Quirky and wonderfully candid, Neil Young's second book of reminiscences is as compelling as his first book. He returns with more unforgettable stories about his six decades in the music business - but this is not your average rock biography. He centres this work on one of his life's passions, cars, using the framework of all the cars he's ever owned to construct a narrative of his life and career, exploring and demonstrating how memories are attached to objects. Young also expresses regret for the environmental impact of his past cars, and now passionately advocates the use of clean energy. 'Special Deluxe' is a mix of memoir and environmental politics by one of the most gifted and influential artists of our time.
One of the bad boys of the 1986 World Series-winning Mets discusses his life, from his Atlanta childhood with his alcoholic womanizing father, through his baseball career, self-destructive drug binges and experience on Celebrity Rehab. 60,000 first printing
New York Times Bestseller This is New York Times bestselling author and Emmy-nominated broadcaster Ron Darling's 108 baseball anecdotes that connect America’s game to the men who played it. In 108 Stitches, New York Times bestselling author and Emmy Award-winning broadcaster Ron Darling offers his own take on the "six degrees of separation" game and knits together wild, wise, and wistful stories reflecting the full arc of a life in and around our national pastime. Darling has played with or reported on just about everybody who has put on a uniform since 1983, and they in turn have played with or reported on just about everybody who put on a uniform in a previous generation. Through relationships with baseball legends on and off the field, like Yale coach Smoky Joe Wood, Willie Mays, Bart Giamatti, Tom Seaver and Mickey Mantle, Darling's reminiscences reach all the way back to Babe Ruth and other early twentieth-century greats. Like the 108 stitches on a baseball, Darling's experiences are interwoven with every athlete who has ever played, every coach or manager who ever sat in a dugout, and every fan who ever played hooky from work or school to sit in the bleachers for a day game. Darling's anecdotes come together to tell the story of his time in the game, and the story of the game itself.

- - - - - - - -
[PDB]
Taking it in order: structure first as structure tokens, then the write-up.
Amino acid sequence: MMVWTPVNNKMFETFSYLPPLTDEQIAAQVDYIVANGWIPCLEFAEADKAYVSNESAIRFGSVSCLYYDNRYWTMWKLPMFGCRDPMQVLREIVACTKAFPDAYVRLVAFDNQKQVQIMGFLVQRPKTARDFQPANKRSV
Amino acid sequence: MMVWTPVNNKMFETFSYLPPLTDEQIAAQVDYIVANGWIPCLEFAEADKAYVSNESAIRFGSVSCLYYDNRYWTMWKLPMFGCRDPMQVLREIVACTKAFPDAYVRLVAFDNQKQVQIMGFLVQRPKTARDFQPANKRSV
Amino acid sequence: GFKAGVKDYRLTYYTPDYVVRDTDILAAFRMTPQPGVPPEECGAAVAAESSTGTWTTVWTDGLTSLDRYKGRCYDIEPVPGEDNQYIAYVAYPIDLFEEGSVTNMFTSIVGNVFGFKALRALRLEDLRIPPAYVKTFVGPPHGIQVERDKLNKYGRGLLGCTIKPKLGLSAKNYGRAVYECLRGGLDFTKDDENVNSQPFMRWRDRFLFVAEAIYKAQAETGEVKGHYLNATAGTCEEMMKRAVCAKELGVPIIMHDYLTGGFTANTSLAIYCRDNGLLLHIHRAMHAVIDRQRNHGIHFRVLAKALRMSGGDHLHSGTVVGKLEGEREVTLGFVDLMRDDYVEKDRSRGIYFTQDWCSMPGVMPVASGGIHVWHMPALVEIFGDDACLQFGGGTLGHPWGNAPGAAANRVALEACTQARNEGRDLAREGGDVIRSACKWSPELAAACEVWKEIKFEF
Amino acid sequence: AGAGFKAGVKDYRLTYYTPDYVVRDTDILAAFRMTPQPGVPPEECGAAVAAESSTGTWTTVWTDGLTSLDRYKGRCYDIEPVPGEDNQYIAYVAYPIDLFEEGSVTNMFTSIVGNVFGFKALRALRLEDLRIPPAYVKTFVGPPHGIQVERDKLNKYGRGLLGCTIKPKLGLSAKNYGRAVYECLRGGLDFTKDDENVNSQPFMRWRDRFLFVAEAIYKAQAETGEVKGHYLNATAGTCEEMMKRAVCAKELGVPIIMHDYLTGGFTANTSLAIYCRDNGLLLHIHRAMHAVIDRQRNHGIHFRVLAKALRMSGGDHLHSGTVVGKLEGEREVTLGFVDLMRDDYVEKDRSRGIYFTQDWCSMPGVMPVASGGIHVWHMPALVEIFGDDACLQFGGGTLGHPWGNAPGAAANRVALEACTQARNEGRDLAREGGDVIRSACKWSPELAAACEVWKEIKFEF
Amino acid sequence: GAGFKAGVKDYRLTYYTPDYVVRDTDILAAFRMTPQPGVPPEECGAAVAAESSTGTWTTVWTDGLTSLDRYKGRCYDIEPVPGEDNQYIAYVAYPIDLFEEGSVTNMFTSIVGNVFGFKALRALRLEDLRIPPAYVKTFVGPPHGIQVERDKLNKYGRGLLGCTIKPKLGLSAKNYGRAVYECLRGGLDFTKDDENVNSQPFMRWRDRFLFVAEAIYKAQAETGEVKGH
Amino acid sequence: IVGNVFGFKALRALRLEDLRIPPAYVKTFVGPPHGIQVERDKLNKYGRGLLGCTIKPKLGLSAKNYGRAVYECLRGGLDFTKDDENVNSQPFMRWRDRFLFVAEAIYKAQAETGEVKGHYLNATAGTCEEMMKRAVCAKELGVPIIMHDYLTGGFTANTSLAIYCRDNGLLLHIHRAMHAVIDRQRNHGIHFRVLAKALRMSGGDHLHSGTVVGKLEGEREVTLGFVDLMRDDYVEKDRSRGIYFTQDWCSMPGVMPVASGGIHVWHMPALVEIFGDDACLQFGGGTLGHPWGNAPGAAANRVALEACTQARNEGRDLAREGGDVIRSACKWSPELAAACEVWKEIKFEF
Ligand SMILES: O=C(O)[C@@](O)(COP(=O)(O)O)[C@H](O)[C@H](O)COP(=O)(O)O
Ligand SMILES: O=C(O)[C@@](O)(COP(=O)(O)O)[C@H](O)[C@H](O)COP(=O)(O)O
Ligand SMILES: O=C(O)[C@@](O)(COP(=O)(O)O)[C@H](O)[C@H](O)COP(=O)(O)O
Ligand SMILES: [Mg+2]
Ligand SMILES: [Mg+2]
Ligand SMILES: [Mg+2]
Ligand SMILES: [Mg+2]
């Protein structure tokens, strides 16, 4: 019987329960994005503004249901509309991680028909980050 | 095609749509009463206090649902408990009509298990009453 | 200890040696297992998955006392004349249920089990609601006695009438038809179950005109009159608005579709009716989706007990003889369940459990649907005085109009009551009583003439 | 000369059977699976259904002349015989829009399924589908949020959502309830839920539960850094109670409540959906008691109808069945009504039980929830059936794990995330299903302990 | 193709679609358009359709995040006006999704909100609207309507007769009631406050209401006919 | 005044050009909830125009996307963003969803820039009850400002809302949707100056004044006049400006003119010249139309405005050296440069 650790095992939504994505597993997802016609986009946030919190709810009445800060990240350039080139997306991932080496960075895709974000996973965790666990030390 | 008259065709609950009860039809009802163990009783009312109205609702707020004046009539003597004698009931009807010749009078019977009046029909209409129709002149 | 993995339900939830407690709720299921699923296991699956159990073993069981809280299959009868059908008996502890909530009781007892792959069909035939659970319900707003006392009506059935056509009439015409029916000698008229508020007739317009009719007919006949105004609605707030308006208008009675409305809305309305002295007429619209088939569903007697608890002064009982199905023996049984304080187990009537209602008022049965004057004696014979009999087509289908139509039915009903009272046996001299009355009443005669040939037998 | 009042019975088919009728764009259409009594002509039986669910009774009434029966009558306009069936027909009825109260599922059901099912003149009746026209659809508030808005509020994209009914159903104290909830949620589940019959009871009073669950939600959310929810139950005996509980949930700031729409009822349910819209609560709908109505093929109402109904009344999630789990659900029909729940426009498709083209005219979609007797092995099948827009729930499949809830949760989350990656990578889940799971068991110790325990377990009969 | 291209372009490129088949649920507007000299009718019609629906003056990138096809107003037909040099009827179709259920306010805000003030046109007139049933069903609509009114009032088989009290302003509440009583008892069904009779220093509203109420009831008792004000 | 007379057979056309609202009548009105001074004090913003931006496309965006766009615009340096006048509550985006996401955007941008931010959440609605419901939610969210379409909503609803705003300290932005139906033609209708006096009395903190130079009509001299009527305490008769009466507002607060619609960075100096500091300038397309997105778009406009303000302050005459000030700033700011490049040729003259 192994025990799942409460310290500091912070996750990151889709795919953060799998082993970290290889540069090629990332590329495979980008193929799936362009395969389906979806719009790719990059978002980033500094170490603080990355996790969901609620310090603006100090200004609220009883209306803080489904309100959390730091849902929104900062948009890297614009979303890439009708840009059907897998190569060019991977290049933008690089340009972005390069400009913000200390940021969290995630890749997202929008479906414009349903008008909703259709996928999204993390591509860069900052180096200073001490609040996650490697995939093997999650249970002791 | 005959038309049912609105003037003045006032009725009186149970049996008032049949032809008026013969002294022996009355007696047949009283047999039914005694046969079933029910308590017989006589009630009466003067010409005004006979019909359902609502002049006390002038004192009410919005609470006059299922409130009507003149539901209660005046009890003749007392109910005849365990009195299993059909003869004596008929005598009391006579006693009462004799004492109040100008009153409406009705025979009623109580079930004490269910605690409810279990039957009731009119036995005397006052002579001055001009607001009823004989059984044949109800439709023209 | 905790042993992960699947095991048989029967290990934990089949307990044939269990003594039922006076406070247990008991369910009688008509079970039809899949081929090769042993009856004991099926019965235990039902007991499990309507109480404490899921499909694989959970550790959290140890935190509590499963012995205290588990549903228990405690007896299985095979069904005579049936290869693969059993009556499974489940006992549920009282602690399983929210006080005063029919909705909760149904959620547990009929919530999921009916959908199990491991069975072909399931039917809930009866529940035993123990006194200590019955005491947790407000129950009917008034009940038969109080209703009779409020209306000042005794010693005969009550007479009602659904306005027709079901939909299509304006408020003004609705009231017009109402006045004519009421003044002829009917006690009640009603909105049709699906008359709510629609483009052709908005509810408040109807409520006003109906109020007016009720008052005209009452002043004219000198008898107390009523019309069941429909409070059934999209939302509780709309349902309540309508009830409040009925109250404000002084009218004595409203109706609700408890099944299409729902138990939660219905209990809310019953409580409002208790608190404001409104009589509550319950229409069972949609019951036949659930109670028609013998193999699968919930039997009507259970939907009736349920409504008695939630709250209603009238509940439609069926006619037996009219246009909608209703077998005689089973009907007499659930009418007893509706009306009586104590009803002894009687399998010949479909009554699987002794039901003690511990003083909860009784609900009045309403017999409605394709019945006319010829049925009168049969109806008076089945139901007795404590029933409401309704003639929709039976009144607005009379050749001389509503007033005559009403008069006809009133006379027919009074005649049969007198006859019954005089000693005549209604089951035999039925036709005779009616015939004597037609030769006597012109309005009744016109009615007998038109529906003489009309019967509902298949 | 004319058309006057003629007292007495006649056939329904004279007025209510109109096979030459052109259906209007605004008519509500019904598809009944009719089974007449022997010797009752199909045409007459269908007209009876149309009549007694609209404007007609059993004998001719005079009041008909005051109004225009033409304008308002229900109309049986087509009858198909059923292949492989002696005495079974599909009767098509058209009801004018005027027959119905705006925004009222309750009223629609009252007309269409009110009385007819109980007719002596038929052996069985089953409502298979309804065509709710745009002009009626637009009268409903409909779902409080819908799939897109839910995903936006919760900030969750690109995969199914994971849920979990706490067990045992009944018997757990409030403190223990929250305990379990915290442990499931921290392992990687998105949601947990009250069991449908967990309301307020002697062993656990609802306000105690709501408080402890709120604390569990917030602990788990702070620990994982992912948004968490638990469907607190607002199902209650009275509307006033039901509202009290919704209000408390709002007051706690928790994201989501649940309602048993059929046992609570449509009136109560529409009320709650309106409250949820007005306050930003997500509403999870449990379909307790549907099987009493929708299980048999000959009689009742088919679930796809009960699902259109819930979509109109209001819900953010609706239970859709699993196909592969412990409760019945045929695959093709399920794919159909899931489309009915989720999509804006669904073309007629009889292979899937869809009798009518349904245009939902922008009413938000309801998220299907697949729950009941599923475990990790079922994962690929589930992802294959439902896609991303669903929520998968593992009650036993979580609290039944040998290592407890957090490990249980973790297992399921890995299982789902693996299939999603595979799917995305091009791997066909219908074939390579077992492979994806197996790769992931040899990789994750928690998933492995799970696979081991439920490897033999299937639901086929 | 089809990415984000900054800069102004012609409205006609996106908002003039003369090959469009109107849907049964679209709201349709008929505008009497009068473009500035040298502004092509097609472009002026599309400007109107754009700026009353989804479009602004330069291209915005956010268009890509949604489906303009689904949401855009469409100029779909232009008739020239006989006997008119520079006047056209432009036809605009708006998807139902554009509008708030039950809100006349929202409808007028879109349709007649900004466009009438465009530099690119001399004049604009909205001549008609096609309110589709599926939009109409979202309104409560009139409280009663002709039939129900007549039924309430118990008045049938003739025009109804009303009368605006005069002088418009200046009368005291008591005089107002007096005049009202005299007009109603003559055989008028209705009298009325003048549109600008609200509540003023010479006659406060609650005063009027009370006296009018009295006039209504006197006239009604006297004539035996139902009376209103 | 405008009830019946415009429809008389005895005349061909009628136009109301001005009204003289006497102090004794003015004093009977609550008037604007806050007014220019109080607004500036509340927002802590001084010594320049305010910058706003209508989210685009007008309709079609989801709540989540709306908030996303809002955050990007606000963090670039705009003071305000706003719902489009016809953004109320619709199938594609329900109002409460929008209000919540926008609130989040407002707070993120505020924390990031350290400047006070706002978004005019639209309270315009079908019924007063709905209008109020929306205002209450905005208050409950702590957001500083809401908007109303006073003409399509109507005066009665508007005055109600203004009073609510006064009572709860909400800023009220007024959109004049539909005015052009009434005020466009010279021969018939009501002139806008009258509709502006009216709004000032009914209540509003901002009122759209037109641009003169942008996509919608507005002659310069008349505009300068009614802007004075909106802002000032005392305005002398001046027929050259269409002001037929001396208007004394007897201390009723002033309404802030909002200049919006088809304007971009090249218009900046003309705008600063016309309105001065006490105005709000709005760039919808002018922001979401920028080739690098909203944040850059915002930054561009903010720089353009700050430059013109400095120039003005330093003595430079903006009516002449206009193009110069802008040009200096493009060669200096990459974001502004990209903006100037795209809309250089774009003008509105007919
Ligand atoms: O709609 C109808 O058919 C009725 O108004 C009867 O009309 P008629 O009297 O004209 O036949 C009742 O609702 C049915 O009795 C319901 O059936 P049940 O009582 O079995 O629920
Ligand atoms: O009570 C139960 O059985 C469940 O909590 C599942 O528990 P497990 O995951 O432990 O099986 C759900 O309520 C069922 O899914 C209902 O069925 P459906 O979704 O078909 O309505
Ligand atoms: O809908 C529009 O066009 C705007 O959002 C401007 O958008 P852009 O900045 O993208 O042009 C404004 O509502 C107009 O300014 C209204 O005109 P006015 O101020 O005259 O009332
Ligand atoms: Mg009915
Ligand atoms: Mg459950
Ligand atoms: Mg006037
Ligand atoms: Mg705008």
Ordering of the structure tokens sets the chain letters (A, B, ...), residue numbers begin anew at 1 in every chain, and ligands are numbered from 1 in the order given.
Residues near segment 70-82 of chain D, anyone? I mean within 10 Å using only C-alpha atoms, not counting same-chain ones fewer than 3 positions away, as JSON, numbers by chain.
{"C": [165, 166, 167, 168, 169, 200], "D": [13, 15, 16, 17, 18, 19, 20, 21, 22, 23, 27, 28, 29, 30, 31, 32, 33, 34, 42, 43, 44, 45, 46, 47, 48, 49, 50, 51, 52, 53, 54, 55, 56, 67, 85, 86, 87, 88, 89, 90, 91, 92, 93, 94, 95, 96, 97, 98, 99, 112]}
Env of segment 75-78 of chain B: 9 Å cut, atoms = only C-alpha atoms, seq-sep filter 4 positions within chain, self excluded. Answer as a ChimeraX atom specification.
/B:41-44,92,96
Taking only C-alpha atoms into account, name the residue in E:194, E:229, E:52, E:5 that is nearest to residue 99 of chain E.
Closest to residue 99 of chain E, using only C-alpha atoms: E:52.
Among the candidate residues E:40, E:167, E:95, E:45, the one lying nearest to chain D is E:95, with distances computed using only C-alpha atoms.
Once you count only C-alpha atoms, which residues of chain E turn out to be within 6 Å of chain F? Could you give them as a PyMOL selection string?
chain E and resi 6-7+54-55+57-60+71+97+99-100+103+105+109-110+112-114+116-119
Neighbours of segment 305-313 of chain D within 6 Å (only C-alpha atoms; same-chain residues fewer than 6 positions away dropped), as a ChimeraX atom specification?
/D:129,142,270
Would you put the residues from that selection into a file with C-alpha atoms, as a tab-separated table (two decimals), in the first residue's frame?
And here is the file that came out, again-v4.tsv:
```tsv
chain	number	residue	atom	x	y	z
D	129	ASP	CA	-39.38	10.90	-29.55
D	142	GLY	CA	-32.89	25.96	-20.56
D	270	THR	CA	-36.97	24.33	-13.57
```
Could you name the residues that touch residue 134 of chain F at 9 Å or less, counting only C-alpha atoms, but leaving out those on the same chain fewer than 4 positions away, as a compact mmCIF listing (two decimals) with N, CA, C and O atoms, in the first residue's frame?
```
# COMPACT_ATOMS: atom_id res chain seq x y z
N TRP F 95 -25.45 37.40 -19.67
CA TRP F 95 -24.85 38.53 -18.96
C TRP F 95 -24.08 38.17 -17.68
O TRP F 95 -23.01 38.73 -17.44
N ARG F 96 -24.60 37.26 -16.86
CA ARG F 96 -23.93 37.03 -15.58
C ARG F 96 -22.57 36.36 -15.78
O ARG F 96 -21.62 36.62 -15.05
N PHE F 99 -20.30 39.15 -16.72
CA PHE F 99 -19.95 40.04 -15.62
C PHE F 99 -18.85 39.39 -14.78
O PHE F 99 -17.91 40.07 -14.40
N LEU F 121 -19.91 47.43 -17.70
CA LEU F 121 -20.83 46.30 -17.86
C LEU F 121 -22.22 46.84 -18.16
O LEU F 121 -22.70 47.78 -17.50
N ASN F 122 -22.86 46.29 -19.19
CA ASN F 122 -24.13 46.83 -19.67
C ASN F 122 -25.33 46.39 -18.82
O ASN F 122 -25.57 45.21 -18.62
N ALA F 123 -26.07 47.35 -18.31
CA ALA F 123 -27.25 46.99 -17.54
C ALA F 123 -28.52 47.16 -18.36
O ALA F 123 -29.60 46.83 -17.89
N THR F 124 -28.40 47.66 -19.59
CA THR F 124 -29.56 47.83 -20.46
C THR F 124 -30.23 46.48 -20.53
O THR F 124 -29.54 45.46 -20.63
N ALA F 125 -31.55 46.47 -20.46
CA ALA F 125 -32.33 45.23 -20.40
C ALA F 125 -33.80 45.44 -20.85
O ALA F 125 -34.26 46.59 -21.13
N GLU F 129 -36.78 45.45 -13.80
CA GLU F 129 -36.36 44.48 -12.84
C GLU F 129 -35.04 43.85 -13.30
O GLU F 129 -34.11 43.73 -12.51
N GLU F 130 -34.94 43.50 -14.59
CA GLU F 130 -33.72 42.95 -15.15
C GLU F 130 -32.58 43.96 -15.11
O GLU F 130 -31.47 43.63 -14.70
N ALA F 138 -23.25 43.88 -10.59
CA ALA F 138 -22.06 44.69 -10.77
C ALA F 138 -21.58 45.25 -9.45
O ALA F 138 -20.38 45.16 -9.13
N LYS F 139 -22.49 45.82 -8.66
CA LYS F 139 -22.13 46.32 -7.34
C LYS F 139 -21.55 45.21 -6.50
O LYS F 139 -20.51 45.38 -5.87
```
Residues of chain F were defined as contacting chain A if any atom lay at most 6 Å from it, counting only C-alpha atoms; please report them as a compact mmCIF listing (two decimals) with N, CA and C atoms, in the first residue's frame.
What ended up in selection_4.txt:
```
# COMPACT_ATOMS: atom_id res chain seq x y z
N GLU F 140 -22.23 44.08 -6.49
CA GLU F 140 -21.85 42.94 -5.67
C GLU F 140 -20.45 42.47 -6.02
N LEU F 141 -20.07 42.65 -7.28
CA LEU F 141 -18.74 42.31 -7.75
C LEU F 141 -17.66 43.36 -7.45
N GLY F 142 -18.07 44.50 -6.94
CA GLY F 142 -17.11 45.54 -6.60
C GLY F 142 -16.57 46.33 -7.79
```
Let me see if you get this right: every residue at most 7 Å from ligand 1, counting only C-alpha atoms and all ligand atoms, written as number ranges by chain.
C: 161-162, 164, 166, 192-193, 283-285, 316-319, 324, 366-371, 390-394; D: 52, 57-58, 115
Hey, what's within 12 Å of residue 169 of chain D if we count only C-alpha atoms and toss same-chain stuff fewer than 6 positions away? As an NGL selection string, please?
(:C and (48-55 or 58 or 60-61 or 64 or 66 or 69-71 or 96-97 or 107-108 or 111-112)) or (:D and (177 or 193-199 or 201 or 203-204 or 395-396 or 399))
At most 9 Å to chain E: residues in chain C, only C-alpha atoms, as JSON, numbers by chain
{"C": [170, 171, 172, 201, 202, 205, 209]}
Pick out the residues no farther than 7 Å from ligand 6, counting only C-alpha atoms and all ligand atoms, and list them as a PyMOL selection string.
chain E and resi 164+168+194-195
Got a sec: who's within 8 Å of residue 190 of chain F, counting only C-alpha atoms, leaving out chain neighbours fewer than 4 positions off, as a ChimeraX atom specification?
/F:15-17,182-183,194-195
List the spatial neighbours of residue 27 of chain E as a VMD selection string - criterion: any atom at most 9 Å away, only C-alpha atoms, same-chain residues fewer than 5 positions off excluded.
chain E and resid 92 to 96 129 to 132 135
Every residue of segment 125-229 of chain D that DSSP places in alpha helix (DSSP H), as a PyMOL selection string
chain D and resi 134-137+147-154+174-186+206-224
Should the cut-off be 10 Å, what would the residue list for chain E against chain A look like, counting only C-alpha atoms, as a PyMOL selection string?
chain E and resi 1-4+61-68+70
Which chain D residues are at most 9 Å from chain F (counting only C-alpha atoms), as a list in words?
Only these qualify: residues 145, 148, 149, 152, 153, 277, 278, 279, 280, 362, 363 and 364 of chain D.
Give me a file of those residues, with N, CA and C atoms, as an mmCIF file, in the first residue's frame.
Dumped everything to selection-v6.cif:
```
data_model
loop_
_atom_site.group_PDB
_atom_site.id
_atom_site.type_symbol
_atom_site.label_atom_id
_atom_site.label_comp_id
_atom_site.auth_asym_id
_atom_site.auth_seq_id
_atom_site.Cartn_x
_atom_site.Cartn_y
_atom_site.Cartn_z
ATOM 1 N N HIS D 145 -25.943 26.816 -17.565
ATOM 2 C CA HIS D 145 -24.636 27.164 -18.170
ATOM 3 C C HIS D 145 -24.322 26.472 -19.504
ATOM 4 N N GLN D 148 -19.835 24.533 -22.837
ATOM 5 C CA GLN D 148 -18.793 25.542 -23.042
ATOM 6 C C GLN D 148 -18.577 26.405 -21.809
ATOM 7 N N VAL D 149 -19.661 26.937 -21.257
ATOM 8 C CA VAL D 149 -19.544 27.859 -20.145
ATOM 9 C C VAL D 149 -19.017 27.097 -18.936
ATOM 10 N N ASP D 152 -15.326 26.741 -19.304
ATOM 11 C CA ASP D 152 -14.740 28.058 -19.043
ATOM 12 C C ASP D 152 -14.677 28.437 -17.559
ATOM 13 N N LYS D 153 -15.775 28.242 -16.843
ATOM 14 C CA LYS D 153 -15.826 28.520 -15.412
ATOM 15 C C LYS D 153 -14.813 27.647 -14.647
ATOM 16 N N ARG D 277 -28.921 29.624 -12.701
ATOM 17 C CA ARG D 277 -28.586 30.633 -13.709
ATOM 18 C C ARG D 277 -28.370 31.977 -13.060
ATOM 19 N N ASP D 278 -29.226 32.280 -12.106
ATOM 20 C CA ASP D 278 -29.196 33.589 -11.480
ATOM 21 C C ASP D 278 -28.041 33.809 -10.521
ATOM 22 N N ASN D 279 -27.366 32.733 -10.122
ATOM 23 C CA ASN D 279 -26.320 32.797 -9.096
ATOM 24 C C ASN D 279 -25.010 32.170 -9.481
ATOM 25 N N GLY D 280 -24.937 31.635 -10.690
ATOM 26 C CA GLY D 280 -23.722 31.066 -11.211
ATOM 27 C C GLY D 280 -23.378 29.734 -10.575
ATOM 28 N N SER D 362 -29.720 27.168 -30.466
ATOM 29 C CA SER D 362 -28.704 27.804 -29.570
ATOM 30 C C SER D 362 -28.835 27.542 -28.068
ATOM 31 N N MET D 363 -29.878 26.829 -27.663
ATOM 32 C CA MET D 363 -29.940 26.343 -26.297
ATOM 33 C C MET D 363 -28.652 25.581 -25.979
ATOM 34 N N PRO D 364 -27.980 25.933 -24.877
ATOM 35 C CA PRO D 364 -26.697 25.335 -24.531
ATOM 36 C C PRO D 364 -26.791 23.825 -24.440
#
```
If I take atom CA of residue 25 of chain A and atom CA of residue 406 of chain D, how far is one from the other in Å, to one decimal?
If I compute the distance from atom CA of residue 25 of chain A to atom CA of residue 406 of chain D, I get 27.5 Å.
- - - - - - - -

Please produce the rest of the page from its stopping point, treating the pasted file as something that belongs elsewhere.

THE #1 NEW YORK TIMES BESTSELLER IS NOW A MAJOR-MOTION PICTURE DIRECTED BY RON HOWARD AND STARRING AMY ADAMS, GLENN CLOSE, AND GABRIEL BASSO "You will not read a more important book about America this year."—The Economist "A riveting book."—The Wall Street Journal "Essential reading."—David Brooks, New York Times Hillbilly Elegy is a passionate and personal analysis of a culture in crisis—that of white working-class Americans. The disintegration of this group, a process that has been slowly occurring now for more than forty years, has been reported with growing frequency and alarm, but has never before been written about as searingly from the inside. J. D. Vance tells the true story of what a social, regional, and class decline feels like when you were born with it hung around your neck. The Vance family story begins hopefully in postwar America. J. D.’s grandparents were “dirt poor and in love,” and moved north from Kentucky’s Appalachia region to Ohio in the hopes of escaping the dreadful poverty around them. They raised a middle-class family, and eventually one of their grandchildren would graduate from Yale Law School, a conventional marker of success in achieving generational upward mobility. But as the family saga of Hillbilly Elegy plays out, we learn that J.D.'s grandparents, aunt, uncle, sister, and, most of all, his mother struggled profoundly with the demands of their new middle-class life, never fully escaping the legacy of abuse, alcoholism, poverty, and trauma so characteristic of their part of America. With piercing honesty, Vance shows how he himself still carries around the demons of his chaotic family history. A deeply moving memoir, with its share of humor and vividly colorful figures, Hillbilly Elegy is the story of how upward mobility really feels. And it is an urgent and troubling meditation on the loss of the American dream for a large segment of this country.